Past Laugh Regression: Part Three – Bobby Davro


Part One is here. Part Two is here.

It was inevitable in writing this series that I’d end up covering Davro, king of the eighties; our Eddie Murphy. While many of the comedy faces from that era were double-acts, Bobby Davro walked alone, and those two words were more than just a name; they were a brand. In Bobby Davro On the Box, Bobby Davro’s TV Weekly, Davro’s Sketch Pad, the titular Davro, and finally, Bobby Davro’s Rock With Laughter, he was fronting solo series on ITV for seven years. Imagine the extraordinary combination of prodigious talent and prolific output that must have garnered such a consistent and long-running amount of prime television time. No seriously, you will have to imagine it.

Sadly, nothing from the height of his popularity, nor Rock With Laughter, has made its way online, so I devoted precious time I could have spent skipping through a meadow or searching Web MD for ‘phimosis’ to watching episodes from 1989’s Sketch Pad, and 1991’s Davro. They’re best discussed together, as they’re essentially the exact same format, even sharing their title music. Unless Bobby Davro has his own theme like a WWE wrestler, which plays every time he enters a room to do a shit Robin Williams. The opening credits of neither bode well, with Davro‘s depicting him dressing in the guises of other, funnier comedians; Dame Edna, Julian Clary, Harry Enfield’s Stavros, Ray Alan and Lord Charles; while the title sequence of Sketch Pad contains a still of Davro dressed as Hitler in the literal opening frame, setting a new “there’s Hitler!” record of 0 seconds.


Almost immediately, two things become manifestly clear. Bobby Davro can’t do accents, and rather crucially for a comedy impressionist, Bobby Davro can’t do impressions. Possibly the biggest television comedy star of the period, a modern rewatch reveals the people of the eighties to be trapped beneath the glamour of a fairy’s spell, laughing at performances on the level of your dad, who’s forgotten his glasses, reading a Christmas cracker joke. There’s no point pretending I didn’t go into this expecting it to be a bit naff, because that’s where the writer’s comic mileage is, but I’m continually floored by how desperately unfunny it all is. When going back over what I scribbled as I’d been watching, halfway through I found a suicide note. Alright, let’s hold our noses and dive in.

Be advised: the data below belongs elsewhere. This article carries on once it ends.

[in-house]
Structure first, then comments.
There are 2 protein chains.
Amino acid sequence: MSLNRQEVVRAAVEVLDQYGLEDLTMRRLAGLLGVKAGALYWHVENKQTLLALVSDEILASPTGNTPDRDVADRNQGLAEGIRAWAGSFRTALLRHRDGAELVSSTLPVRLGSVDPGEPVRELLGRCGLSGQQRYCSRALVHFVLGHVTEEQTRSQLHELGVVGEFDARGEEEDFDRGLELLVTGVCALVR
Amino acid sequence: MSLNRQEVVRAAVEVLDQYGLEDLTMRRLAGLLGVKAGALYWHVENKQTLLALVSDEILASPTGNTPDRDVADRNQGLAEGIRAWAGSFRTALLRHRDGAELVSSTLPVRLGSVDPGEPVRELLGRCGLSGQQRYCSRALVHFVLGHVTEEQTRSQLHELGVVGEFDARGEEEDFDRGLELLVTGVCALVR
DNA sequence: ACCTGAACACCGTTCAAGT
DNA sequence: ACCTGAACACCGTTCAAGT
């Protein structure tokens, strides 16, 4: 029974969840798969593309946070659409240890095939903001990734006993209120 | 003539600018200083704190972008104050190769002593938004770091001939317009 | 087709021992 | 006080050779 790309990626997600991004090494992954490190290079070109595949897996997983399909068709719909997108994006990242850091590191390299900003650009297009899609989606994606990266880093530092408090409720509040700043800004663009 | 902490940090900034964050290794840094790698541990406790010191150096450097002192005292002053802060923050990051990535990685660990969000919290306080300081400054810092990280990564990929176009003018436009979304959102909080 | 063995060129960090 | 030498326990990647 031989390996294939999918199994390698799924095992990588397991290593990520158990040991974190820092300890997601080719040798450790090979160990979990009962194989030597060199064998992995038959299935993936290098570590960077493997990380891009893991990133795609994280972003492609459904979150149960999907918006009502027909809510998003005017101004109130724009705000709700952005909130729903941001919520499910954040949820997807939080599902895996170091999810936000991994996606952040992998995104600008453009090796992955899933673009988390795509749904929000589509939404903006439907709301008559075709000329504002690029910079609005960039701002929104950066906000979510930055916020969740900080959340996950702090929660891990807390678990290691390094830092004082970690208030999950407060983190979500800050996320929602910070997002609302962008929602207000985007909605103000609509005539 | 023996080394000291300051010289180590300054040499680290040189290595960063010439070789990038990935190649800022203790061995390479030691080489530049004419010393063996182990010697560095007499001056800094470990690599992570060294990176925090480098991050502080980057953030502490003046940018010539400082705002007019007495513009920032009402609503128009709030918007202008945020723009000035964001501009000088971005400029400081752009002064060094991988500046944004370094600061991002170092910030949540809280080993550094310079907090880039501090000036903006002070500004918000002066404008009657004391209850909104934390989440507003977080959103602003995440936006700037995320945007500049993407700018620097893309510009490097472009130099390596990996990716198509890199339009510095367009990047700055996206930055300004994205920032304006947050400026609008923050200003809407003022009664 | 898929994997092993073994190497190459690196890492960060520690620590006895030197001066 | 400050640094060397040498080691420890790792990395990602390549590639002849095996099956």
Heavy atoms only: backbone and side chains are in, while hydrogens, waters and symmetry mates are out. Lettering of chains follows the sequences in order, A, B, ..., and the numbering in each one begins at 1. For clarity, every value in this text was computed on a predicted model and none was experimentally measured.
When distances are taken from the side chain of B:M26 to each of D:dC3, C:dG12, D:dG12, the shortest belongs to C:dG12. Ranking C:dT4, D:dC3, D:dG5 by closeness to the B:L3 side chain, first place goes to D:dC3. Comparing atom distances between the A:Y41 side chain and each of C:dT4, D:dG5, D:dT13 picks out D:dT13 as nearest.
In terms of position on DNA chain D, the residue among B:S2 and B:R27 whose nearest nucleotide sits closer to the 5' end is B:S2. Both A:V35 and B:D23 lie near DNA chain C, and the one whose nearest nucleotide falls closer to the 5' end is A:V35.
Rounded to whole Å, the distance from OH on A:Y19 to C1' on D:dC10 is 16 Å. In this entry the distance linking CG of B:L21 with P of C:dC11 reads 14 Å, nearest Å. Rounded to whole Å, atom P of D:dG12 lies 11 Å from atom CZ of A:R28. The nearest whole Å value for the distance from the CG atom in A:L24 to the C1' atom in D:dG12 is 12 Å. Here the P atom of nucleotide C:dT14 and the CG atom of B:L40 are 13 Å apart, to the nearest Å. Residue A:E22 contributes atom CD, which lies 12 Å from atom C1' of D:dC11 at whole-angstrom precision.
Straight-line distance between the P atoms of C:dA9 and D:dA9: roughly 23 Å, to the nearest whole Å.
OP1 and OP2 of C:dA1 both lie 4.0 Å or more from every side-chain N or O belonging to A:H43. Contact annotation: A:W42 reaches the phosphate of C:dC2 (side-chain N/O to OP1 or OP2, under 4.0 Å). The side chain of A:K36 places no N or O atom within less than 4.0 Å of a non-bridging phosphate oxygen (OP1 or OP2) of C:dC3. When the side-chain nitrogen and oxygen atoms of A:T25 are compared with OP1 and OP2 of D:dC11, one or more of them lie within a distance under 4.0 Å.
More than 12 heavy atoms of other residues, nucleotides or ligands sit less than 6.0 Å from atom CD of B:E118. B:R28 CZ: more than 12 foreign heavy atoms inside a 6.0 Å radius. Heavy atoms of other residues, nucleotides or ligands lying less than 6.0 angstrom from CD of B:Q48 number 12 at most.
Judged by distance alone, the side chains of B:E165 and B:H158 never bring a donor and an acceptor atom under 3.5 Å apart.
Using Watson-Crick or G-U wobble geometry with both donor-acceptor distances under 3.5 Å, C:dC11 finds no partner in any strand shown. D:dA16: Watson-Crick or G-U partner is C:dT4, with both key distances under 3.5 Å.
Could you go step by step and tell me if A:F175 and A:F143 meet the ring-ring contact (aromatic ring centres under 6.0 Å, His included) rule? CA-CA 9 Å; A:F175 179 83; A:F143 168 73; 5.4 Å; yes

Sketch Pad‘s linking device shows an animated Davro channel-surfing on the remote, which was a thing back then, with four glorious analogue channels of content, and sets out its format-stall as ‘quick-fire’ comedy, one of those phrases — like “sideways look at the news” — which turns my stomach. Consequently, we’re taken on a tour of all the perfunctory sketch show settings; a shop, a doctor’s surgery, a hospital, with a weak opening joke where Davro’s roadside assistance man uses a hammer to smash the window of a car with its keys locked inside. Davro meanwhile, opens with a monologue, like he’s Jay Leno. Also like Jay Leno, the jokes are atrocious, with winners like “our local cinema’s so small, the choc ice lady comes round on her hands and knees,” — jokes that make you want to drag the audience out in the street and beat them until they can explain why they were laughing. Not that they’re killing themselves, offering only slipshod chuckles, rather than the crazed reaction of his Copy Cats clowning only 3 years earlier. Did his star burn out in those intervening years? What clues could be found in the lost Davro On the Box episodes? Presumably it contains material so sensational we’d be sent mad if we saw it, leading him no choice but to tone it down here, for the safety of his audience.